SMART Letter #64
Avoiding Permacession
December 16, 2001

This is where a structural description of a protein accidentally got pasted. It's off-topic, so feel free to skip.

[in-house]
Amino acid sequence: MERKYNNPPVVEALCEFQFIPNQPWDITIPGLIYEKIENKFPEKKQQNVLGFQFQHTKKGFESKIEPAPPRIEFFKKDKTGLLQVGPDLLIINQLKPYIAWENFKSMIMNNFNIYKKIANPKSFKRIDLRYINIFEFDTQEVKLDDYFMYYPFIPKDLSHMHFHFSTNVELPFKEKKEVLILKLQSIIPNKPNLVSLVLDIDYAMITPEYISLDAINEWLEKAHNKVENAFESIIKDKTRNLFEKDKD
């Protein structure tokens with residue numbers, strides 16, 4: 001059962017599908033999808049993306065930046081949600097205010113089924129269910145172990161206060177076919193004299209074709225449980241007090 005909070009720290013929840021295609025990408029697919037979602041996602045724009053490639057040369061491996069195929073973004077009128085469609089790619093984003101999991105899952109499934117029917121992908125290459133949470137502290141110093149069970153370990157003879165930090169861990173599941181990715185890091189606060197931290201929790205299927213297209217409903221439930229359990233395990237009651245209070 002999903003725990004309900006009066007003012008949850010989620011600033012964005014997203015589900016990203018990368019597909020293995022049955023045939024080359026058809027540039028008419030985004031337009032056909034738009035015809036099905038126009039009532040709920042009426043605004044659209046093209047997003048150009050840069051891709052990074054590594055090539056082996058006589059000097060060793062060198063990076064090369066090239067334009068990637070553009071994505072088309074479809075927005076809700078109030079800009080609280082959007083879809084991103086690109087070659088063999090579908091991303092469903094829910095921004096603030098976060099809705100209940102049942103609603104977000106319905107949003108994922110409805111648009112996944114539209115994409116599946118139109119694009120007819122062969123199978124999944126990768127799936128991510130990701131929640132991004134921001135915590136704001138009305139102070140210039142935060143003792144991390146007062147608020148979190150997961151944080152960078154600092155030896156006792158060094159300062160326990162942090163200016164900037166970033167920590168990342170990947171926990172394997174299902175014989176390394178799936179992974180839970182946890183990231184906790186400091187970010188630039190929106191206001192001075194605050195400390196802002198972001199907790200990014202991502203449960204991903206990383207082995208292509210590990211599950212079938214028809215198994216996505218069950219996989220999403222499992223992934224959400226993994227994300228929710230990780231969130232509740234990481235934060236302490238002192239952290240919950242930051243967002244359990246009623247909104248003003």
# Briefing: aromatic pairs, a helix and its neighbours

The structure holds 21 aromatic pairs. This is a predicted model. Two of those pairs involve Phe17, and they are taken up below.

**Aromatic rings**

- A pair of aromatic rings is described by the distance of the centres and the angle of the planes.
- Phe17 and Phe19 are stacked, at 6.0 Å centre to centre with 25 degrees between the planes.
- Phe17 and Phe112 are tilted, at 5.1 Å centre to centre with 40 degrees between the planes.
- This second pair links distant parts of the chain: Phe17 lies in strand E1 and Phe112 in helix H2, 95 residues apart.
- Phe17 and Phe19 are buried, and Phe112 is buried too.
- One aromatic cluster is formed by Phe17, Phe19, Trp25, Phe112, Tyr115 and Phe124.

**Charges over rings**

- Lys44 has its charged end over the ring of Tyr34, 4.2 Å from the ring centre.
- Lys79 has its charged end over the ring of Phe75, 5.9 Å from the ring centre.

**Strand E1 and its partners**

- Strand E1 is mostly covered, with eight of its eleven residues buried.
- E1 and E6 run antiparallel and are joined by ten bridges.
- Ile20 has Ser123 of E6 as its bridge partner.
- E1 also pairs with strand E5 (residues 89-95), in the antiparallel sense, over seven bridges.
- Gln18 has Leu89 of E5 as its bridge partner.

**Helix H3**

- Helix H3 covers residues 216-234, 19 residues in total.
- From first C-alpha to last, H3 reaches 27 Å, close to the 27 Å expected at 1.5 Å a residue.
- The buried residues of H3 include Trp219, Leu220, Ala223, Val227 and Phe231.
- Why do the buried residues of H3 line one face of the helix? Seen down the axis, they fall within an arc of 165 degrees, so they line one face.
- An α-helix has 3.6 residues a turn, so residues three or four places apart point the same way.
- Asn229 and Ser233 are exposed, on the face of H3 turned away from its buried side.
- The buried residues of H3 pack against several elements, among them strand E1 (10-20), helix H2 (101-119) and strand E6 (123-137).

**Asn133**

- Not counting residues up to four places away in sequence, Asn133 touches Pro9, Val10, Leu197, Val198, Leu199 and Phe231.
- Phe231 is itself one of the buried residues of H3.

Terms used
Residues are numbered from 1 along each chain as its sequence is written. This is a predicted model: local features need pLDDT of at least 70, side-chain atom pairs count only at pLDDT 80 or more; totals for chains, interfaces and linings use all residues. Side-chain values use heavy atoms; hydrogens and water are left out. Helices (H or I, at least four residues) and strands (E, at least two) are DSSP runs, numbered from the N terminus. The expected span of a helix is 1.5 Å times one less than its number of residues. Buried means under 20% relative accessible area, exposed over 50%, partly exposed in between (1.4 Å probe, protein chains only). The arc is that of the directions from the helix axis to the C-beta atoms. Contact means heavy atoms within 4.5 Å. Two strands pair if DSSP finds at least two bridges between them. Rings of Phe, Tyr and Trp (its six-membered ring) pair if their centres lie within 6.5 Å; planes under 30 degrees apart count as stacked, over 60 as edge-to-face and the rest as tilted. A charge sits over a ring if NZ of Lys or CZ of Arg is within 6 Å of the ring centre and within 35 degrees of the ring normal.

!@#$%^&*()!@#$%^&*()!@#$%^&*()!@#$%^&*()!@#$%^&*()!@#$%^&*() ------------------------------------------------------------ SMART Letter #64 -- December 16, 2001 Copyright 2001 by David S. Isenberg -- "where economic growth goes in a recession" -- -- 1-888-isen-com ------------------------------------------------------------ !@#$%^&*()!@#$%^&*()!@#$%^&*()!@#$%^&*()!@#$%^&*()!@#$%^&*() CONTENTS > How Networking Advances Screwed Up the Economy by Roxane Googin > Two Scenarios for the Future of Telecommunications by David S. Isenberg > Copyright Notice, Administrivia ------- How Networking Advances Screwed Up the Economy by Roxane Googin [For the last two years Roxane Googin and I have participated in a small early-September telecom conference. In 2000 I wish I had listened to her with my wallet (in addition to my ears). In 2001, her warnings extended to the larger economy. I convinced publicity-shy Googin that her message needed to reach beyond her community of portfolio managers, that it needed to reach policy makers, corporate strategists and other decision makers if we're to avoid a Japan-style permacession and get the communications revolution -- and economic growth -- back on track. Below is what Googin said early last September -- David I] "I run a strategy advisory service for portfolio managers. I listen carefully when people talk about the Internet because it is the leading edge of the new telecommunications paradigm, and telecom is one of the world's largest businesses along with oil and automobiles. The telecom business has been rendered economically dead because of a real important piece of progress that has come out that acted differently than anyone planned. "I spoke earlier about how the best network is one that is totally generic so that you can't tell one bit from the next. That is the beauty of how the Internet works. You can project on to it what you need to do. Also the network is infinitely extensible, [because] we have ongoing continuous improvement in the underlying technology. Two examples are Moore's Law and DWDM. "I walked out of this conference last year [in September 2000] and told all of my clients to sell every stock that they owned as fast as they could. And raise cash. The reason for that is . . . a system that behaves like that is an economic horror show. It is going to repel capital because any system that is totally generic has no barrier to competitive entry. You can't differentiate yourself. One that is infinitively extensible means that you are going to be stuck in a Malthusian swamp, where your cost of selling will be one inch above the marginal cost of production. "The goodness of the new network on one hand is a nightmare economically on the other. It is a paradox. And just like oil, society is going to benefit the most if bandwidth is the cheapest. But if bandwidth is so cheap, no one is going to be there to build the bandwidth. So what I saw happening is that the cat had been let out of the bag, the genie was out of the bottle, and people were building these networks and we were headed for this huge train wreck whereby capital would start pulling away from this industry once they realized that this was going to happen. "So the attackers with the new technology were going to starve to death because they have to build this huge network. As prices come down, the network has to be bigger before you are profitable so the new technology they were building would be working against them. "On the other side, the incumbents are slowly going bankrupt, some quicker than others. I'm talking not only the BTs and the DTs and the FTs and the NTTs and the ATTs and the Worldcoms and the Global Crossings but the Incumbent Local Exchange Companies (ILECs) too because their SONET-based networks have a very high cost of provisioning. "But even though the attackers are starving, they are forcing marginal bandwidth prices below the ILEC's cost of provisioning -- not only replacement but also provisioning. So the ILECs are going to get squeezed because they have this complex labor intensive infrastructure that is no longer supported by the economic base. "In this kind of nightmare scenario, nobody wins. It is just a big mess because the attackers are going under. Meanwhile, they have crippled the incumbents. We are witnessing the perfectly predictable outcome of this process: no equipment sales, and no more progress. No one planned this, but it is too late to turn back. "The other problem is the phone companies don't own their gear -- it is leveraged. That is, they bought it forward in time. These guys have 20/30 years bonds outstanding against their SONET gear, because this was never supposed to happen. "Those 30-year bonds that were funded on the assumption of continued SONET operations will never be paid back. The insurance companies, those widows and orphans owning those bonds, the asset that they were buying against will not be economically viable in two years, much less twenty. "So not only is the ILEC capital base being rendered useless, but now the ILECs are supposed to reinvest in a bunch of new gear. They are not doing it because they can't. "This is what I envisioned when I walked out of here last year. And now it is happening. DT just fell below its offering price in 1996 for the first time. NTT continues to slide, France Telecom, British Telecom, they're at multi year lows. And it continues to get worse. "We live in interesting times. "So what happens next? One thing that I do for my clients is I predict trends. I never predict the future. There is a difference. "We need to restructure the entire industry, but how? We want it dirt cheap because then it can be as good as it can be for all the other economic things that it is supposed to do. But it can't be so cheap that it repels capital. "This need to restructure telecom is dragging the rest of the economy down. The economy isn't weak because of high interest rates, but everyone is watching as Greenspan cuts rates. If interest rates had been 22% and he took them down to 3, then you could say interest rates caused this. But interest rates have nothing to do with it. This is technology problem, so interest rates aren't going to impact it one way or another. "You can go to Japan and see 11 years of decline with zero-percent interest rates. So we have to fix the problem. This means restructuring the debt and owning up to what the real issues are. This owning-up hasn't been done yet. "Then we have to reallocate the assets to the right parties. Unfortunately some markets don't behave in a traditional market way. Typically common-good markets, like transportation systems, tend to be regulated markets, because the capital outlay upfront is associated with an unknown return in the future. This regulation is rather contentious, whether it is the old telecom, the airlines, or even trucking. There are just some markets that don't behave well, and I'm afraid that this is one of them. So we have a lot to think about. "Time is of the essence. The reason that we are in this downward spiral is because telecom is draining the vitality of the entire economy. On the margin, this is where our last decade of growth came from, and now it has stopped. It would be helpful if policy-makers knew the problem from this perspective. "I can explain the problem, but I don't think I'm qualified to solve it. I hope it doesn't take 3 to 5 year to fix, because we are all going to be living on our cash balances in the meantime. "I am convinced that our capital markets aren't going to recover until we figure out what to do. Optimistically enough, I think as soon as we do figure out what to do, they will jump up a lot, because they are a discounting mechanism. But their immunity to recent tax cuts and interest rate cuts tells me, on the down side, that this is something that everyone might benefit from putting their heads together to figure out. "I think that our government is going to have a very hard time. I think that they will get involved, and I am afraid that they might side with the wrong people. It is up to all of us to try to think about how we can pull together to make some sub-optimal solution come out of this, since there is no optimal solution. "Finally, I observe that this move toward unlimited supply extends beyond bandwidth. Think about the symbiotic relationship between open source software and the Internet, and how they work together, and how the Internet helps foster the open source movement, and what economics this [synergy] starts to impact. The incumbent software business is a very large business, and it could be negatively impacted by open source software. I'm not passing a judgment on open source software. I happen to like some of it. But it is a fact that it will be impacting our markets. Not as big as the telecom issue because the business is smaller, and it is not leveraged. But it will redefine economics well beyond the bandwidth sector." [Roxane Googin edits the High Tech Observer, a pricy little sheet published by Global Investment Research. You can learn more about it by calling GIR at 203-791-3830.] ------- Two Scenarios for the Future of Telecommunications: Re-verticalization vs. Economic Reset by David S. Isenberg Roxane Googin's thinking suggests two scenarios. Let us call the first scenario RE-VERTICALIZATION. It is heir-apparent to the "official future". The alternative future called Re-verticalization is a big-telco-controlled future, in which the incumbent telcos (and their henchmen, the content industry) continue to thwart the deployment of new technology and the advent of new competition. To do this, the open, end-to-end Internet is gradually whittled away by a multi-front campaign employing massive lobbying, scare tactics, endless litigation and other techniques available to the big telcos. The idea that telecom facilities are Common Carriers" (i.e., open to all comers under public and equitable terms) is replaced by a regime of Private Commercial Arrangements in which big players are selectively advantaged and small, innovative players are squeezed out. With no competition and weakened demands for new services, the big telcos are no longer reminded that their networks are completely obsolete twenty years before they're depreciated. The Re-verticalization scenario can play out in two main ways. The first is stable and ugly -- the telcos and their allies in government and industry use the new technology to keep the lid on potentially disruptive communications technology, to ensure that innovation within and around the communications network is predictable and approved. This would create a chilly environment for potentially threatening innovation and keep the world safe for incumbent businesses. The result would be permacession, or, perhaps verrrrry slow growth, depending on where you think economic growth comes from. The second play-out is unstable, but a bit more heartening. In this alternative future, advanced technology, such as that which already exists, will be suppresses, but it will be impossible to suppress it all. Forward-looking countries, such as Canada, Sweden, and a handful of others will deploy new communications technology and will reap its benefits in compounded rates of economic growth. Furthermore, in incumbent-telco-dominated countries like the United States the behemoth telcos will move too slowly to dominate the entire value space. Pockets of new telecommunications will form (e.g., municipal fiber builds, wireless community networks) and grow faster than they can be surrounded, usurped and shut down. The news of advanced telecommunications and economic growth from other countries -- and from within -- will travel. This could resolve peacefully (e.g., via policy shift) or cataclysmically, because not only is economic growth at stake, but fundamental human rights are too. But Googin suggests a second scenario. Let's call it ECONOMIC RESET. In this alternative future, the United States, indeed the countries of the developed world, belly up to the fact that the telecom plant became worthless before it was fully depreciated, that advances in communications technology have rendered existing telecom infrastructure obsolete. This requires either (a) decades fighting to stay out of bankruptcy court and decades in it, or (b) a collective act of will to put the debacle behind us. The latter collective act of will is to reset the value of the worthless assets to near-zero, where they belong. Googin finds an analogy in the Savings and Loan Crisis of the late 1980s. The causes of the S&L debacle were different, but there was a big similarity -- the changes in the economic underpinnings of the S&Ls were too fast for the S&Ls to react to within the context of their established business model. The massive institutional insolvency that resulted, Googin says, will be seen again in the demise of the world's established telcos. The S&L bailout of 1989, piloted by President George Bush Senior, effectively excised the infected parts of the economy. The solution was not any prettier (or any fairer or more just) than the problem, but it let the United States get on with business; it let the wounds heal. Could it happen again? The U.S. might once again have the right president for the job. But the telcos, the government and incumbent network-based businesses are living in the re-verticalization scenario. They do not yet apprehend the economic devaluation of what just yesterday was the most advanced network that money could buy. Further, they might not be able to see the imperative for change until their business model is in cardiac arrest. The play is in motion but the score is not tallied -- the telcos' accountants have not been called. If the telcos succeed in the courts, in government and in the court of public opinion, they may never be. It could take a decade of permacession before we know the source of our pain. Meanwhile, humanity stands on the threshold of building an omni-functional network that embodies the highest principles of democracy, expression and entrepreneurialism. Freedom-loving people should hold it dear. Should we delay its construction to preserve yesterday's moribund businesses? Must we endure permacession until the incumbent telcos have played their last card? ------- COPYRIGHT NOTICE: Redistribution of this document, or any part of it, is permitted for non-commercial purposes, provided that the two lines below are reproduced with it: Copyright 2001 by David S. Isenberg -- -- 1-888-isen-com ------- [There are two ways to join the SMART List, which gets you the SMART Letter by email, weeks before it goes up on the web site. The PREFERRED METHOD is to click on and supply the info as indicated. 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